For his political camp, his opposing positions are not a subject. On the contrary, we praise a “total freedom of expression” for parliamentarians within the Republicans, assures Eric Woerth, deputy and head of the party in the Oise. “It’s always courageous not to follow the pack, not to follow the collective movement,” continues the former minister. And Maxime did it without aggressiveness or unnecessary controversy. It is not the majority position of his group, it is not mine, but he has the right to express them. Implied: among the Republicans, there is room for debate. A snub to the majority group?
Because it is quite the opposite that Agnès Thill experienced. On June 27, 2019, she stormed out of the hemicycle, in shock. This Thursday marks the end of a long period of disgrace. The conflict commission of La République en Marche has just excluded it from the movement.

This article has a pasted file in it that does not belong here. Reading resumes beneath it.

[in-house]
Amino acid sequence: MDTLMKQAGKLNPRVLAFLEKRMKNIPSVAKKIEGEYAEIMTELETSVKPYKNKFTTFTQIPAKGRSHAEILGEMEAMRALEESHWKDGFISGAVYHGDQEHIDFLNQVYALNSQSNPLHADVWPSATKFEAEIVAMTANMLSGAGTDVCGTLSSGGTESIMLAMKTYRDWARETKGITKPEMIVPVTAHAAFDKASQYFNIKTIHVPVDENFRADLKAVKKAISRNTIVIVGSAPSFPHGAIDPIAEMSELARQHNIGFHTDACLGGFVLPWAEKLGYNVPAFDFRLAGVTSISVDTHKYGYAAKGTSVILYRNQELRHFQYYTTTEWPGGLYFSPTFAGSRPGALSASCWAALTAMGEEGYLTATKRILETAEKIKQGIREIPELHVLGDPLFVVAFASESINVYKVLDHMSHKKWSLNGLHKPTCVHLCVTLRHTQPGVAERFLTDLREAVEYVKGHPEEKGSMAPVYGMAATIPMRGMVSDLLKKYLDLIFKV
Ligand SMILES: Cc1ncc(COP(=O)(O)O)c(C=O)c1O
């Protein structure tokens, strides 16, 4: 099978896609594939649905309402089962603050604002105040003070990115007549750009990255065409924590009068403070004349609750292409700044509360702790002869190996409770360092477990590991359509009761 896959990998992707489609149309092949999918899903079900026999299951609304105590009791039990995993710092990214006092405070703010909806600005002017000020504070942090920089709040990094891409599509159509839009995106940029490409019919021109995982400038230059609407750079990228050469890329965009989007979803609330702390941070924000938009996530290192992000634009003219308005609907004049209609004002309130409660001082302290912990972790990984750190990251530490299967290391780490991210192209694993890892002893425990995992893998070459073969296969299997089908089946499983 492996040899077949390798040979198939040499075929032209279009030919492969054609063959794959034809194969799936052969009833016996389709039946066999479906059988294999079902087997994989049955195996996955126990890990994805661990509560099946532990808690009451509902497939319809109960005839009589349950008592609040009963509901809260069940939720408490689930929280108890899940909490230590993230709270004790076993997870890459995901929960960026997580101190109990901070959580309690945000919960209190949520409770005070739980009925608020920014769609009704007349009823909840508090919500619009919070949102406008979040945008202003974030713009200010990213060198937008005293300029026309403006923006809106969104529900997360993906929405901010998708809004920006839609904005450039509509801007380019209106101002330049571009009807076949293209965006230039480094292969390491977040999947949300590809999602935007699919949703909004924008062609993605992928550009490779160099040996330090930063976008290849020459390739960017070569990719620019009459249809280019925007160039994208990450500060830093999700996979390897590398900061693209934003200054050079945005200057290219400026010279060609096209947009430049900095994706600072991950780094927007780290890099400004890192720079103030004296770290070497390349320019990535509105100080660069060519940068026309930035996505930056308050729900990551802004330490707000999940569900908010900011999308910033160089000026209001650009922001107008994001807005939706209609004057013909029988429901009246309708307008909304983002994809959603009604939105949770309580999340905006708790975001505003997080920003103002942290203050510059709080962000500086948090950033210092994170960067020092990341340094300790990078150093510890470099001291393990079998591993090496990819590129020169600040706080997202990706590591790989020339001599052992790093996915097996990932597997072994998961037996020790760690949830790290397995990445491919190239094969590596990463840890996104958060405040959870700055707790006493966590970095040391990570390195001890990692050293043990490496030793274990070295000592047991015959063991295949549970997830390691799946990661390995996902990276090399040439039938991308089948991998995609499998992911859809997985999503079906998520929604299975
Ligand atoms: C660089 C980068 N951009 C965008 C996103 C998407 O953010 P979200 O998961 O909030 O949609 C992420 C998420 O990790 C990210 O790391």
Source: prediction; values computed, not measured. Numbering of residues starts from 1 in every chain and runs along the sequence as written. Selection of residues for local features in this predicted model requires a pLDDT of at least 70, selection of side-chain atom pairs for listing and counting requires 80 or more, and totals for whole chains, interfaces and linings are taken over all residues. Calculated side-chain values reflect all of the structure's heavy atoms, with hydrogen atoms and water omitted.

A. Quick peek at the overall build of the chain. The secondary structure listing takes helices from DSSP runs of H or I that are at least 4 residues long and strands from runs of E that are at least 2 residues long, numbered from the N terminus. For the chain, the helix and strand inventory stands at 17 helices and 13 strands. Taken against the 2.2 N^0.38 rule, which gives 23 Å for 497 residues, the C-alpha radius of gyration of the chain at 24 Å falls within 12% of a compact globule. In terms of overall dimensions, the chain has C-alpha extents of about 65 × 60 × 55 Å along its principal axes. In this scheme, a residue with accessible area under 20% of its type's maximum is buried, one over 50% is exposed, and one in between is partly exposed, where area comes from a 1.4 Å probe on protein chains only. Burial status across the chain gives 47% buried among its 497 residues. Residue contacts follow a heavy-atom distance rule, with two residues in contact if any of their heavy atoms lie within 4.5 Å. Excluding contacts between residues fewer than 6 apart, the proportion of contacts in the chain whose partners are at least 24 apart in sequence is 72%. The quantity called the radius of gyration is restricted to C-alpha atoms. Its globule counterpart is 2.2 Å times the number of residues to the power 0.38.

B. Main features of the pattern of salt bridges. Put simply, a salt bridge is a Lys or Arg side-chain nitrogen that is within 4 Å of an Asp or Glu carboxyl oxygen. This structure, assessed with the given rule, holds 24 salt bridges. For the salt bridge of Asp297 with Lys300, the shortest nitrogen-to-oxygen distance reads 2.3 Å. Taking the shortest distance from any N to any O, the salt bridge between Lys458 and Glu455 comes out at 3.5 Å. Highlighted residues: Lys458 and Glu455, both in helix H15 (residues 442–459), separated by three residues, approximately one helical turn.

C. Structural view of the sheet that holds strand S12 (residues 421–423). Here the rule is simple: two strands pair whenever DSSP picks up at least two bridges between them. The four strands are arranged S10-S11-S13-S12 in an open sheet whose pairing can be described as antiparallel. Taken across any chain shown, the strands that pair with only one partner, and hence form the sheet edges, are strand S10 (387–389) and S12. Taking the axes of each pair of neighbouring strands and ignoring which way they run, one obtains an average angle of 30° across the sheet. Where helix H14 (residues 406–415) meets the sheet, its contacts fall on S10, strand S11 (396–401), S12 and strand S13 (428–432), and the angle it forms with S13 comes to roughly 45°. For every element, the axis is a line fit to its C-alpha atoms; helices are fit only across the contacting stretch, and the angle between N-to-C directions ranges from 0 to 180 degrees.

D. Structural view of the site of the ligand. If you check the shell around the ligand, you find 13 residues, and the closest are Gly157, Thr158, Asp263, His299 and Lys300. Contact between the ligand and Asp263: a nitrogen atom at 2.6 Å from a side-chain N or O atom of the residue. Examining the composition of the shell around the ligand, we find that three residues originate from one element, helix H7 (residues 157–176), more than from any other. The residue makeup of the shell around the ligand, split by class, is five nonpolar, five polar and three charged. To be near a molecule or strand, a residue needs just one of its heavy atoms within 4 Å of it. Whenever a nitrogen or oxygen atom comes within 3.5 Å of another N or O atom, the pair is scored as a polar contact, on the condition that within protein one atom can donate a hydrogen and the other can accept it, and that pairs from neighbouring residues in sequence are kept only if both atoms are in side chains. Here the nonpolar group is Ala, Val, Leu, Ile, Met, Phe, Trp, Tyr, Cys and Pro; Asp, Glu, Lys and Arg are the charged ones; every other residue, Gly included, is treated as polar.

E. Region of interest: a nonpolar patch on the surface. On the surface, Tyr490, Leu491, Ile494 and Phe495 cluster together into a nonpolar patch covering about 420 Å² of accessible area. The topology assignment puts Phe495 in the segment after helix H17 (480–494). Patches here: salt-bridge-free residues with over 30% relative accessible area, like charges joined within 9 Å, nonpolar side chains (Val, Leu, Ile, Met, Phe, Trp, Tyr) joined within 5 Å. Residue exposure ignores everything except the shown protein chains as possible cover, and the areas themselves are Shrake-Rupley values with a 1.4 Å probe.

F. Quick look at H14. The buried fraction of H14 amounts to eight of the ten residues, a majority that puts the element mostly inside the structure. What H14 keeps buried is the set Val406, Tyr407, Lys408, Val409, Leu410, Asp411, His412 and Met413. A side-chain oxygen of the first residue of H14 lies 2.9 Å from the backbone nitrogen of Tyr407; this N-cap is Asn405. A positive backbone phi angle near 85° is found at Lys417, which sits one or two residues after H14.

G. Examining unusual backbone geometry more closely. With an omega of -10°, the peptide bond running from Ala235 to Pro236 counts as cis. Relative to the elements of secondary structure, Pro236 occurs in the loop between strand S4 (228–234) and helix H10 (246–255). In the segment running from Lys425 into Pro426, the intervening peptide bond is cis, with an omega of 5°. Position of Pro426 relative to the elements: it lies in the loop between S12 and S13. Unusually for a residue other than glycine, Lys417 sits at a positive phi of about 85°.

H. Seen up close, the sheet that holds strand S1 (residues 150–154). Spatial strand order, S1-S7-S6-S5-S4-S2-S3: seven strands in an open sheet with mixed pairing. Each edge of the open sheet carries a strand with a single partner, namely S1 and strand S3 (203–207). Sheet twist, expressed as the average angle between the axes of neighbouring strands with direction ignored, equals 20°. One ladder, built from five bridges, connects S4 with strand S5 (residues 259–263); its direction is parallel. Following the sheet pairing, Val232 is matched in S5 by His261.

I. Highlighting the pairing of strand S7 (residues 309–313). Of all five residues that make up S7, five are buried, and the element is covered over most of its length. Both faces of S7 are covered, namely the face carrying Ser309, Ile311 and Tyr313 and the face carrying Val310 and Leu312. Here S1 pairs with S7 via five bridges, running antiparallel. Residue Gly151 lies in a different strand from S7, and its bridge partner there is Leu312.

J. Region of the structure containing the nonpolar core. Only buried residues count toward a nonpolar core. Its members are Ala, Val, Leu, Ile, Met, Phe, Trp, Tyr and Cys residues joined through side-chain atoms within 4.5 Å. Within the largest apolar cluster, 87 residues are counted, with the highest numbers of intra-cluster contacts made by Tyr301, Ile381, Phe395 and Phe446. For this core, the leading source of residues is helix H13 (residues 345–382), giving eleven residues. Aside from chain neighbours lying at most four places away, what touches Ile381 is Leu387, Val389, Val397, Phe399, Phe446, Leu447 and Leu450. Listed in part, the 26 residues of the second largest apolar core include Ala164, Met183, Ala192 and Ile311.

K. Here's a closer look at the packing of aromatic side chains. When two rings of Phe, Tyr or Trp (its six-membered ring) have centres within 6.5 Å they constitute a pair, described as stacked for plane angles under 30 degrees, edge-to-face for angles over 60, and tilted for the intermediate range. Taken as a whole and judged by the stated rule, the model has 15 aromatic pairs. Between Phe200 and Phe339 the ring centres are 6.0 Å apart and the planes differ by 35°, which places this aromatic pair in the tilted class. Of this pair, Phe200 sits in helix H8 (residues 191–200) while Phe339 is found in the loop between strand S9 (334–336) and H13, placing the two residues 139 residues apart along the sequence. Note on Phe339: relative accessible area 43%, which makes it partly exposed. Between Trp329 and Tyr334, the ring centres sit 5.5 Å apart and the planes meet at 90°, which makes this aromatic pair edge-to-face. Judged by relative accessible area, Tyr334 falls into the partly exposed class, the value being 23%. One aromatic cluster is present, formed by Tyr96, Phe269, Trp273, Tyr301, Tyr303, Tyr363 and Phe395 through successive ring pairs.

“I learned about it from the press when I received a notification on my cell phone, I didn’t expect it at all,” she recalls. They kicked me out for 20 tweets asking questions. ” The reality is more complex.
Fiercely opposed to the opening of the assisted reproduction to female couples and singles, the member notably mentions the existence of a “powerful LGBT lobby in the National Assembly” on the social network. A formulation that leaps into his own camp and precipitates his exclusion.
The chosen one tells everything in her book “You are not one of us”
“She was looping over it. She had fallen into excess and nothing could be said to her, estimates Pascal Bois, LREM deputy. In fact, she is drawn to the light. Today she made a 180 degree turn and showed a spirit of revenge. “